The latest twist in the semantics of the shutdown: to settle disagreement over the government shutdown and the upcoming battle over the debt limit, House Republicans are floating the idea of forming a supercommittee.

The 2011 supercommittee, being super. (Photo by Melina Mara/The Washington Post)

Only they’re not calling it that. The last panel known as a supercommittee, which formed in 2011 to come up with ways to reduce the deficit, turned out not to be so super (it fizzled after deadlocking). So clearly it’s best to avoid that particular phraseology.

What’s the preferred nomenclature, then, for this potential bicameral, bipartisan body? The authors of the plan are abandoning the word committee altogether, calling it a “working group” instead. With its reference to toiling, it sounds quite industrious. Some, though, are still calling it a “super” or a “special” committee.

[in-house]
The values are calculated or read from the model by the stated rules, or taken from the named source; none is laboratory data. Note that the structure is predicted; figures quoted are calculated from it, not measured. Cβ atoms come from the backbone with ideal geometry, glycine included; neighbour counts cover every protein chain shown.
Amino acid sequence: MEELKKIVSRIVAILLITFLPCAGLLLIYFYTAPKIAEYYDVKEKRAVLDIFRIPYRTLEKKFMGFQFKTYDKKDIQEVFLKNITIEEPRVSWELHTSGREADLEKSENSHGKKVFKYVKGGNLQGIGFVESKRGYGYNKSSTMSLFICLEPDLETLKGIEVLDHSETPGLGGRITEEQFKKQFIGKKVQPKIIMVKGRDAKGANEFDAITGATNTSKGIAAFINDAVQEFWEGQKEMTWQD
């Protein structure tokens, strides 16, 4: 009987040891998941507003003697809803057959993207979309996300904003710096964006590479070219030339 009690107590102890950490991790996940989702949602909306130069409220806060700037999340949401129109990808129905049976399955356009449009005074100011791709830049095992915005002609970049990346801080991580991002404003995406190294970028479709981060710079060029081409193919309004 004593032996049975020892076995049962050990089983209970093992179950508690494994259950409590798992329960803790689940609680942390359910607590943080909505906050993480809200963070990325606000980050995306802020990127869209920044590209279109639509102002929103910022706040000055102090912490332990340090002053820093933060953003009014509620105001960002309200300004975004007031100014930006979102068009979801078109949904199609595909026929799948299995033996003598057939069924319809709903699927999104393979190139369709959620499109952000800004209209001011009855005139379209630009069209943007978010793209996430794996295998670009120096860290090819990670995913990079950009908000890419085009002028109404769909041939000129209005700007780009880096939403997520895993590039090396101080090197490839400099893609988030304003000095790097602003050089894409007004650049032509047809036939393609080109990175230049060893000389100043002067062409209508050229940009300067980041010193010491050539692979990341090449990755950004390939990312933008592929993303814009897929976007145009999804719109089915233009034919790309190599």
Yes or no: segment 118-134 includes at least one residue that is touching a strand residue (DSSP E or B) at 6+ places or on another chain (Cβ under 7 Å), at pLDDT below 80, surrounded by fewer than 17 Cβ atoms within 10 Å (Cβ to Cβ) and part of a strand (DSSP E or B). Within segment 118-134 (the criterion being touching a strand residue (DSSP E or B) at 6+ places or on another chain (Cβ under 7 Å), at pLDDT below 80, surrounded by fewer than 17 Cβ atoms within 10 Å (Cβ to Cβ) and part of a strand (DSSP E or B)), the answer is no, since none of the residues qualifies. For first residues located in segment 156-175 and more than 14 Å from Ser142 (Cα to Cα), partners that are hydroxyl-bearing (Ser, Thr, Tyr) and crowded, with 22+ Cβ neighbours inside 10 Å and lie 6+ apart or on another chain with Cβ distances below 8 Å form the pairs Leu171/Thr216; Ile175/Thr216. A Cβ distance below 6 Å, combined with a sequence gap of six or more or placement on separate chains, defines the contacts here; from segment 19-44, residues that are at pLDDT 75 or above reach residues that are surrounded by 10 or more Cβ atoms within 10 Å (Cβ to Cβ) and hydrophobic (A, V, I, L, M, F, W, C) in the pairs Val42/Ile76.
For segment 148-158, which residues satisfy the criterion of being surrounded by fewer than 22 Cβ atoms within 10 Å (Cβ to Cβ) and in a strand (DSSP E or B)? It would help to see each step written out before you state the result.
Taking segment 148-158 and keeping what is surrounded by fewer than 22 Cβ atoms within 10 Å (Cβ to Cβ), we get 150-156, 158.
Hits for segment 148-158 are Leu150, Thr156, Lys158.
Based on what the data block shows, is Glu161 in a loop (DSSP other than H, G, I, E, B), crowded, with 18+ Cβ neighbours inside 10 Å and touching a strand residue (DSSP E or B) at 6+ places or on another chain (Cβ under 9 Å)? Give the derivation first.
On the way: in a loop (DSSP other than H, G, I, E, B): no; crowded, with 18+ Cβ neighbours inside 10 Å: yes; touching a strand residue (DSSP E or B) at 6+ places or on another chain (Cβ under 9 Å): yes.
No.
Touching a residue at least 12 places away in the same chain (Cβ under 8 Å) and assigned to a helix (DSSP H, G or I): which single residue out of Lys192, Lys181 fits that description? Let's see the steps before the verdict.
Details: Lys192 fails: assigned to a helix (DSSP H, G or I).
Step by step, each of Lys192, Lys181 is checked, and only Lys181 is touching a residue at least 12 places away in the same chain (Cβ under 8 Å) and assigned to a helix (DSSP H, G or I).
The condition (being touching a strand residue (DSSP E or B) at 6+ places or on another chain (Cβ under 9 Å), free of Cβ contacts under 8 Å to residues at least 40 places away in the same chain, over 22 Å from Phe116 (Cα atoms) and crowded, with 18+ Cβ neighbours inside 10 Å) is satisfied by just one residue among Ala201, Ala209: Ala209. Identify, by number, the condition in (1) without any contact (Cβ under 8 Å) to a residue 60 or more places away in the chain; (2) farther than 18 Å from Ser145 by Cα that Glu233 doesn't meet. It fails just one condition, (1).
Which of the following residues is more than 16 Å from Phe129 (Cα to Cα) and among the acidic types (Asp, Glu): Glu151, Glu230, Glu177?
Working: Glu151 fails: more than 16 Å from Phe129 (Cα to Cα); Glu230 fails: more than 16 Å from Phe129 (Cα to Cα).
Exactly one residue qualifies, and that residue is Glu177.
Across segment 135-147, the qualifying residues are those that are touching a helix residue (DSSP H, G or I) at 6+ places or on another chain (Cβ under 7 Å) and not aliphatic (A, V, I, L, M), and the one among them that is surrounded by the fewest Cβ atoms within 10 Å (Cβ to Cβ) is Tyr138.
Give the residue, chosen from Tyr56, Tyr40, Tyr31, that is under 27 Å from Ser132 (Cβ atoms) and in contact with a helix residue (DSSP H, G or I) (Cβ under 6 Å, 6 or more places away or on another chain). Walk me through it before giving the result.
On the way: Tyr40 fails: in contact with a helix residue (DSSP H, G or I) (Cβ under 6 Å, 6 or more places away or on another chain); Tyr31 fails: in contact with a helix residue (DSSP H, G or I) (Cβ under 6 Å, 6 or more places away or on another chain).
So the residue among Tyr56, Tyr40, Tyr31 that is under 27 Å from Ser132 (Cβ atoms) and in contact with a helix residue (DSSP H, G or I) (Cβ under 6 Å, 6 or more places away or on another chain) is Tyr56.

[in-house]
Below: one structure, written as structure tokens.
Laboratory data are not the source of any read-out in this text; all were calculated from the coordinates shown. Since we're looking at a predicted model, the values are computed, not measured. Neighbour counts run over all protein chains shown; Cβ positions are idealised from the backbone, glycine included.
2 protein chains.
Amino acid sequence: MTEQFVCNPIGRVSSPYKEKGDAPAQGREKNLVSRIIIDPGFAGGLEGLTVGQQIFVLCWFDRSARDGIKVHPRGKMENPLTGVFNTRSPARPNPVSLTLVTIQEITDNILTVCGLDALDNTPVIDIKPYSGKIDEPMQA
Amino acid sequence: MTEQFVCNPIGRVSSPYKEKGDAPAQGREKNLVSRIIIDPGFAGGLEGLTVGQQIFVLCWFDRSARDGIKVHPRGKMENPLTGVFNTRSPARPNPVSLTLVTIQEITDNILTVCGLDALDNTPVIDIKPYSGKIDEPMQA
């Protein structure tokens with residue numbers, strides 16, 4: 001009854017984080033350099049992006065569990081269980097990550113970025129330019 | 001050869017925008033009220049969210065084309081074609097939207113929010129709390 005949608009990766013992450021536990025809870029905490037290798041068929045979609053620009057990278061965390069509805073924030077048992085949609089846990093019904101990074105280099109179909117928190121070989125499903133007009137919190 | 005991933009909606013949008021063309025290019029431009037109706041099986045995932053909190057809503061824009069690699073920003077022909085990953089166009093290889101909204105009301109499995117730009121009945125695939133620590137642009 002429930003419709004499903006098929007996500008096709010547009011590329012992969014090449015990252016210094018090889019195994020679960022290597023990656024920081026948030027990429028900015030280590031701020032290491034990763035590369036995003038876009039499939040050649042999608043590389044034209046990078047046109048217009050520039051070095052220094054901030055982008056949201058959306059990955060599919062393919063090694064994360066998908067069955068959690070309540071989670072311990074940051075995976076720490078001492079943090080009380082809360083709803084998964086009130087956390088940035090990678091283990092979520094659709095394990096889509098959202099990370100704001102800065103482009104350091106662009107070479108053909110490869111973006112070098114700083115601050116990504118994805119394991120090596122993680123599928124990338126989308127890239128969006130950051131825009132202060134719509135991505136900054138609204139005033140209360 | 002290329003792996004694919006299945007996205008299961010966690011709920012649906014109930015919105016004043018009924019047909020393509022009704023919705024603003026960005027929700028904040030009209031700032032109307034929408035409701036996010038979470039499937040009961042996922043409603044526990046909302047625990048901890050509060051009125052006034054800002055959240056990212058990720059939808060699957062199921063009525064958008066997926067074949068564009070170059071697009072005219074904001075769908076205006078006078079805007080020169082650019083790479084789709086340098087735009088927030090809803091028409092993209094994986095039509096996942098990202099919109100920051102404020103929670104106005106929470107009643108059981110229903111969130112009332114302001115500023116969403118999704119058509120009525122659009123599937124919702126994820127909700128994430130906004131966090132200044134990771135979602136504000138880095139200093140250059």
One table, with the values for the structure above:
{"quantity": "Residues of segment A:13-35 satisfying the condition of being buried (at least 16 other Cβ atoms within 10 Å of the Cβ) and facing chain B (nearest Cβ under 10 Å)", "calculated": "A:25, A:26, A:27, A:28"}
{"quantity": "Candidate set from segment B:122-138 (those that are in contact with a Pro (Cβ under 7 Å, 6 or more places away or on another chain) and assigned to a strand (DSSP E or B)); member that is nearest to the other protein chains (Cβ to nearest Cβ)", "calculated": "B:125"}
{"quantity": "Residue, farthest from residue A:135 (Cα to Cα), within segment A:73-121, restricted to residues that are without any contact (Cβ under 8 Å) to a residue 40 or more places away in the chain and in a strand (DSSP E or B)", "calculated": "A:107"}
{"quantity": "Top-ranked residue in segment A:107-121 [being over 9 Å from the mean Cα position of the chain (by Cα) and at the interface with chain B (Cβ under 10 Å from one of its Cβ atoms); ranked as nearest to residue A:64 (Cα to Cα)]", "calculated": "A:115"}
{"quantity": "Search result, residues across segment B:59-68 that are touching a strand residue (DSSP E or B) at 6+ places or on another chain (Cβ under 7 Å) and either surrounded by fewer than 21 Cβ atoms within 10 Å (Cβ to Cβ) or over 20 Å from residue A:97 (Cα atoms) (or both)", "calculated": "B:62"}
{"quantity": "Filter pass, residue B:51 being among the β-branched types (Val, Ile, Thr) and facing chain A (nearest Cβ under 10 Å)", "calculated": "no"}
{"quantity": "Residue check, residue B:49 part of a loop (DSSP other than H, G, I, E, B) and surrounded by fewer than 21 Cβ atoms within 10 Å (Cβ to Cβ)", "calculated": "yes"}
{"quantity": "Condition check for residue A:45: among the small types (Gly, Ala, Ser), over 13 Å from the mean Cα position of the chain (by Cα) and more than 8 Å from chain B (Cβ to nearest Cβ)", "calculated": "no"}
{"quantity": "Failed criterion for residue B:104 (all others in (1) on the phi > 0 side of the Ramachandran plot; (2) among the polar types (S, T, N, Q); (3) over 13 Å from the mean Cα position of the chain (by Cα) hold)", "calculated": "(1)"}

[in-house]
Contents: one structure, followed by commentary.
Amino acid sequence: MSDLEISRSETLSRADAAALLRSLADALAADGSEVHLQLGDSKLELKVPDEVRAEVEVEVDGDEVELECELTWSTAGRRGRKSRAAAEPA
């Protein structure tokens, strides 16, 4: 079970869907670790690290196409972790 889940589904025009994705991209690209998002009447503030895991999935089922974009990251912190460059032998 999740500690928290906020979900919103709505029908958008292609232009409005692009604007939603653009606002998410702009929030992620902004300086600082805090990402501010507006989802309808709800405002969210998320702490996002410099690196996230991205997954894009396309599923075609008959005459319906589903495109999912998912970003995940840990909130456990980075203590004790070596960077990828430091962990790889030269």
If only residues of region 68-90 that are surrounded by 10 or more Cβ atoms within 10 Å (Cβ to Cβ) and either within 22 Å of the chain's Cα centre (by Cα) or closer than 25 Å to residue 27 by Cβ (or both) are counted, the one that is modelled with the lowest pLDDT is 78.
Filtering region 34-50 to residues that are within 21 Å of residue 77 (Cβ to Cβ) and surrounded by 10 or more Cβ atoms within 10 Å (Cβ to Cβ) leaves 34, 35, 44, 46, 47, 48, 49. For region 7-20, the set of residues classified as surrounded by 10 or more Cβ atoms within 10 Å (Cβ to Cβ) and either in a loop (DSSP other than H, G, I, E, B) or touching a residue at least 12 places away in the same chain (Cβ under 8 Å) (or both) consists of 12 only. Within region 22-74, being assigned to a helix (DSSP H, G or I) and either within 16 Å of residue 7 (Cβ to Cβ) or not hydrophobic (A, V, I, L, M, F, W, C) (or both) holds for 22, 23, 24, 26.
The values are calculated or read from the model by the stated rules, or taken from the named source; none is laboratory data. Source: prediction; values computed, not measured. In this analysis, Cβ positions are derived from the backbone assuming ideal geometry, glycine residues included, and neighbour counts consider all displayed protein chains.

One House aide even called it a “negotiating team,” per this tweet from Huffington Post reporter Michael McAuliff:

And with 20 members, is actually larger than the previous 12-person supercommittee, so perhaps folks could adopt the language of Starbucks and call it a “venti” committee?

Other terms up for debate lately: “debt ceiling” (President Obama called that a “lousy word”), “essential” (the kinder term is “excepted”) and even “shutdown” itself (some call it a “slimdown”).